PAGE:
Attrition and health in ageing studies: evidence from ELSA and HRS

James Banks, Alastair Muriel, James P Smith


This paper investigates the characteristics associated with attrition in the English Longitudinal Study of Ageing (ELSA) and the Health and Retirement Study (HRS), with a particular focus on whether attrition is systematically related to health outcomes and socioeconomic status. 


We have three main results. Firstly, raw attrition is greater in ELSA than in HRS but the potential survey-based explanations for this that we are able to consider do not, taken together, appear to explain the extent of this difference. Second, these differential attrition rates do not change the core conclusions regarding comparisons between the two countries of health and socioeconomic status. Finally, very few observable characteristics predict attrition in either study among those in their seventies. In the group aged 55-64, wealth appears to predict attrition in the U.S. (but not in England), and low education predicts attrition in England (but not the U.S.).  Since the more serious attrition problem exists in ELSA, we conduct additional analysis of attrition in that survey. We find that respondents' level of numeracy strongly predicts attrition, but this does not account for the education gradient in attrition in ELSA.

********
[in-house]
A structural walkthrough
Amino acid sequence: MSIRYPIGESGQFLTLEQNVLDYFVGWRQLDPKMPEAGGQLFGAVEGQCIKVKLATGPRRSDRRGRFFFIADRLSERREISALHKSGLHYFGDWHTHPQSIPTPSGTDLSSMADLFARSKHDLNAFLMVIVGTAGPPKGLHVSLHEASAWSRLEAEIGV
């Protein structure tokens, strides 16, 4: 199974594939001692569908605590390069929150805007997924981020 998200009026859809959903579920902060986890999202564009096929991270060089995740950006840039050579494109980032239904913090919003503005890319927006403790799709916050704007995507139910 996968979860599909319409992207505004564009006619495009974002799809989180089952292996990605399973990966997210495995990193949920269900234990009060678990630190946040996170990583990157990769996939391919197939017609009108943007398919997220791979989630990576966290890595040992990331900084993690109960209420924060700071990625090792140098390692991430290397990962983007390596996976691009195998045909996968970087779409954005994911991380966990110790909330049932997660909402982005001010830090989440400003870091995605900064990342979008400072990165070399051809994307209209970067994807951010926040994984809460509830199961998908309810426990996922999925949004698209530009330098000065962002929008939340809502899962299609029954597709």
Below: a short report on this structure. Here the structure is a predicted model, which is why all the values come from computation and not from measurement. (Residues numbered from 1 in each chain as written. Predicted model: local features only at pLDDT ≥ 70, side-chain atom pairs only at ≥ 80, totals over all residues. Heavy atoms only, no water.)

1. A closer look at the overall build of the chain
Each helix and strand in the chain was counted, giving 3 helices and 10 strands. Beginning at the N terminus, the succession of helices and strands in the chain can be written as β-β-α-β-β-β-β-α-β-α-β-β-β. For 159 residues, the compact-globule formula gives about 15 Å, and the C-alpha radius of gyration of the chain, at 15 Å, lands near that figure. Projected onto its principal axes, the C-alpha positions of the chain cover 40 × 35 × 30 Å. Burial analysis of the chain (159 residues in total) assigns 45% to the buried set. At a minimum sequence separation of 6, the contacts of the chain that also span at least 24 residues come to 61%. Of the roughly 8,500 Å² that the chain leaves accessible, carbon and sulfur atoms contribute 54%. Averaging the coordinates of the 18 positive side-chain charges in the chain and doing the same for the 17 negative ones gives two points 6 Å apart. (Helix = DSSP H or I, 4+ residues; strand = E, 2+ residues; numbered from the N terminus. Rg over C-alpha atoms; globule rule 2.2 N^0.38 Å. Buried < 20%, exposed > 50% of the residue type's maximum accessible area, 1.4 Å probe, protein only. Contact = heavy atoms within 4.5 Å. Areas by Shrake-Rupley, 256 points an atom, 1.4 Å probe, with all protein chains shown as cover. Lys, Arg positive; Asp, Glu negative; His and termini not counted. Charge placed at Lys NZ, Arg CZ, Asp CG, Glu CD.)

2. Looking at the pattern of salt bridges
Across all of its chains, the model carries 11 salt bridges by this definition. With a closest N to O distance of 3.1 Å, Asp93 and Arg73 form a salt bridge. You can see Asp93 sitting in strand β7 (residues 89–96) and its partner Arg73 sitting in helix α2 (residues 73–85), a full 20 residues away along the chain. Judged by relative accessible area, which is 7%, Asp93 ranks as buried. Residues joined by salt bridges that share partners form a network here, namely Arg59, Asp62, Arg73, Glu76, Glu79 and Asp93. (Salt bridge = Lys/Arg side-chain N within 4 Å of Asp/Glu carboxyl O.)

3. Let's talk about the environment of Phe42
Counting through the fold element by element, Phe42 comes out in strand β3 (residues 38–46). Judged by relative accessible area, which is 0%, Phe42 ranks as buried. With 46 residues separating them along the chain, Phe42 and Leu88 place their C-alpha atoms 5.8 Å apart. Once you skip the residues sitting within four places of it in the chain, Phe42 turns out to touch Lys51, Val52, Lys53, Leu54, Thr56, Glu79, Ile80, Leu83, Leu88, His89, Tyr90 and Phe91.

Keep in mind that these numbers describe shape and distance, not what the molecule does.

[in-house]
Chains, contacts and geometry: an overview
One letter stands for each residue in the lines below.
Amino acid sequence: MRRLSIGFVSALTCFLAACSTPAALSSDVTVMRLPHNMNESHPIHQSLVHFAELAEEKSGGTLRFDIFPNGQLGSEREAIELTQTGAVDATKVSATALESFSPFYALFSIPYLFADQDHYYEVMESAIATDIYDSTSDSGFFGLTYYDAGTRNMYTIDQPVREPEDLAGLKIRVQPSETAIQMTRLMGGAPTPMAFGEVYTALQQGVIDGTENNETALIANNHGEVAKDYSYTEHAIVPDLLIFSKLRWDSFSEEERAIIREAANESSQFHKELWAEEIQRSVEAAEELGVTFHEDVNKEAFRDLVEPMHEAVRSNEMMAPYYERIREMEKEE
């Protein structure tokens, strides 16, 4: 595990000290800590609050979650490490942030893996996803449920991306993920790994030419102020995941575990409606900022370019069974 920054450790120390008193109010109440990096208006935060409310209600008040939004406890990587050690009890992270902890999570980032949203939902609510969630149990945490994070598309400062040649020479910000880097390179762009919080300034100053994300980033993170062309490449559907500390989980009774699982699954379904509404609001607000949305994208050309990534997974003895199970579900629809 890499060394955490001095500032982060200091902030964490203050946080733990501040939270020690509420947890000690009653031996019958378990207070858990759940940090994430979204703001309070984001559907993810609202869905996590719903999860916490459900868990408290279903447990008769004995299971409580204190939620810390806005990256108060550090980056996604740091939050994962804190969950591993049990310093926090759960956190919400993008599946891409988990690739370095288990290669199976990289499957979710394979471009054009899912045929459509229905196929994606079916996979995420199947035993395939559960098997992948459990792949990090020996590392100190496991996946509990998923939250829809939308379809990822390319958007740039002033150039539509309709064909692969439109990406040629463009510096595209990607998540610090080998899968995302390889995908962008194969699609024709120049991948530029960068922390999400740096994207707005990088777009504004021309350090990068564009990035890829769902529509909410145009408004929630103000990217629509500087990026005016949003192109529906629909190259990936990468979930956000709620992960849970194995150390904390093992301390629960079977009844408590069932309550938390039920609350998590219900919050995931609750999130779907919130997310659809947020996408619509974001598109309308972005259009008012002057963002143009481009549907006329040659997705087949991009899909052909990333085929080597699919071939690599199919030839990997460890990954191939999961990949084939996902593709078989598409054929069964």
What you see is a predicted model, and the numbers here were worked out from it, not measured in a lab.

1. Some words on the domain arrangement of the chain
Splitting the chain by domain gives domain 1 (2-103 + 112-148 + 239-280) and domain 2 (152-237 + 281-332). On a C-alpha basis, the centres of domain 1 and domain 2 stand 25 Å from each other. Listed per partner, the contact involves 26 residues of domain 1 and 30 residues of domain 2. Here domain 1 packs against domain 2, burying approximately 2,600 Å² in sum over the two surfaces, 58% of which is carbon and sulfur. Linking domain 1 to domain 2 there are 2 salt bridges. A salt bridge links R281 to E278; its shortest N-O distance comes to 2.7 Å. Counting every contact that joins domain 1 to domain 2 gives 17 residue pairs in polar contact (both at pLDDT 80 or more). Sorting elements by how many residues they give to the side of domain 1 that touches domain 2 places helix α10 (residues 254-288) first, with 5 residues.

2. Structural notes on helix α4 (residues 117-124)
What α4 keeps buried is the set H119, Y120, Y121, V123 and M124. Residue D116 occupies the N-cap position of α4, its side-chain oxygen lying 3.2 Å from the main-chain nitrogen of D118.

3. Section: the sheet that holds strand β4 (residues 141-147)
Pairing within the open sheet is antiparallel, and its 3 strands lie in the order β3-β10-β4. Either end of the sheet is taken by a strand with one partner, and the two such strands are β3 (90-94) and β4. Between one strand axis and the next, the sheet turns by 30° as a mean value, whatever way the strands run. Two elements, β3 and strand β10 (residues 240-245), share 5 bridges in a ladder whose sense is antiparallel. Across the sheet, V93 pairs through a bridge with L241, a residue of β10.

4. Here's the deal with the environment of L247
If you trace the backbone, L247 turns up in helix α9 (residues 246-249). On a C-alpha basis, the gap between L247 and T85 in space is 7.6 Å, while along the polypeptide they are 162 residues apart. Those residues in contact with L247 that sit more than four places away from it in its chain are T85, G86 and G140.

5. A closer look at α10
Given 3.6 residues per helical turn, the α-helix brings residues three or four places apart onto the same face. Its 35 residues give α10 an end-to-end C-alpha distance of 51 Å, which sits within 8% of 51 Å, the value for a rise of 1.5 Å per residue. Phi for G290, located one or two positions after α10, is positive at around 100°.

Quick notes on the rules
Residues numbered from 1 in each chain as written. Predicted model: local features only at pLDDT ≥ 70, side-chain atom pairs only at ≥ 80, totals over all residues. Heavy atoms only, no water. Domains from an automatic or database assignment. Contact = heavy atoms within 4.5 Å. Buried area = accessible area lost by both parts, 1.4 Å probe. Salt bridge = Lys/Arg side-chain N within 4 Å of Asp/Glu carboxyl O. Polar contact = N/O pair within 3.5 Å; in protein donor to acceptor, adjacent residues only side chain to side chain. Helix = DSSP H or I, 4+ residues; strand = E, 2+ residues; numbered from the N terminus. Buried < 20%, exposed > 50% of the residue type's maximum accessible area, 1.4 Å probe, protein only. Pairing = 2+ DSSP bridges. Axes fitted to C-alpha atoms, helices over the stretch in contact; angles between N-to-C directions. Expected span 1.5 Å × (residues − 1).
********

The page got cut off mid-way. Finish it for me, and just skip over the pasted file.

Full Text:



Copyright (c) 2014 Longitudinal and Life Course Studies

This journal uses cookies in order to provide necessary site functionality such as authentication. For more information please see our cookies policy.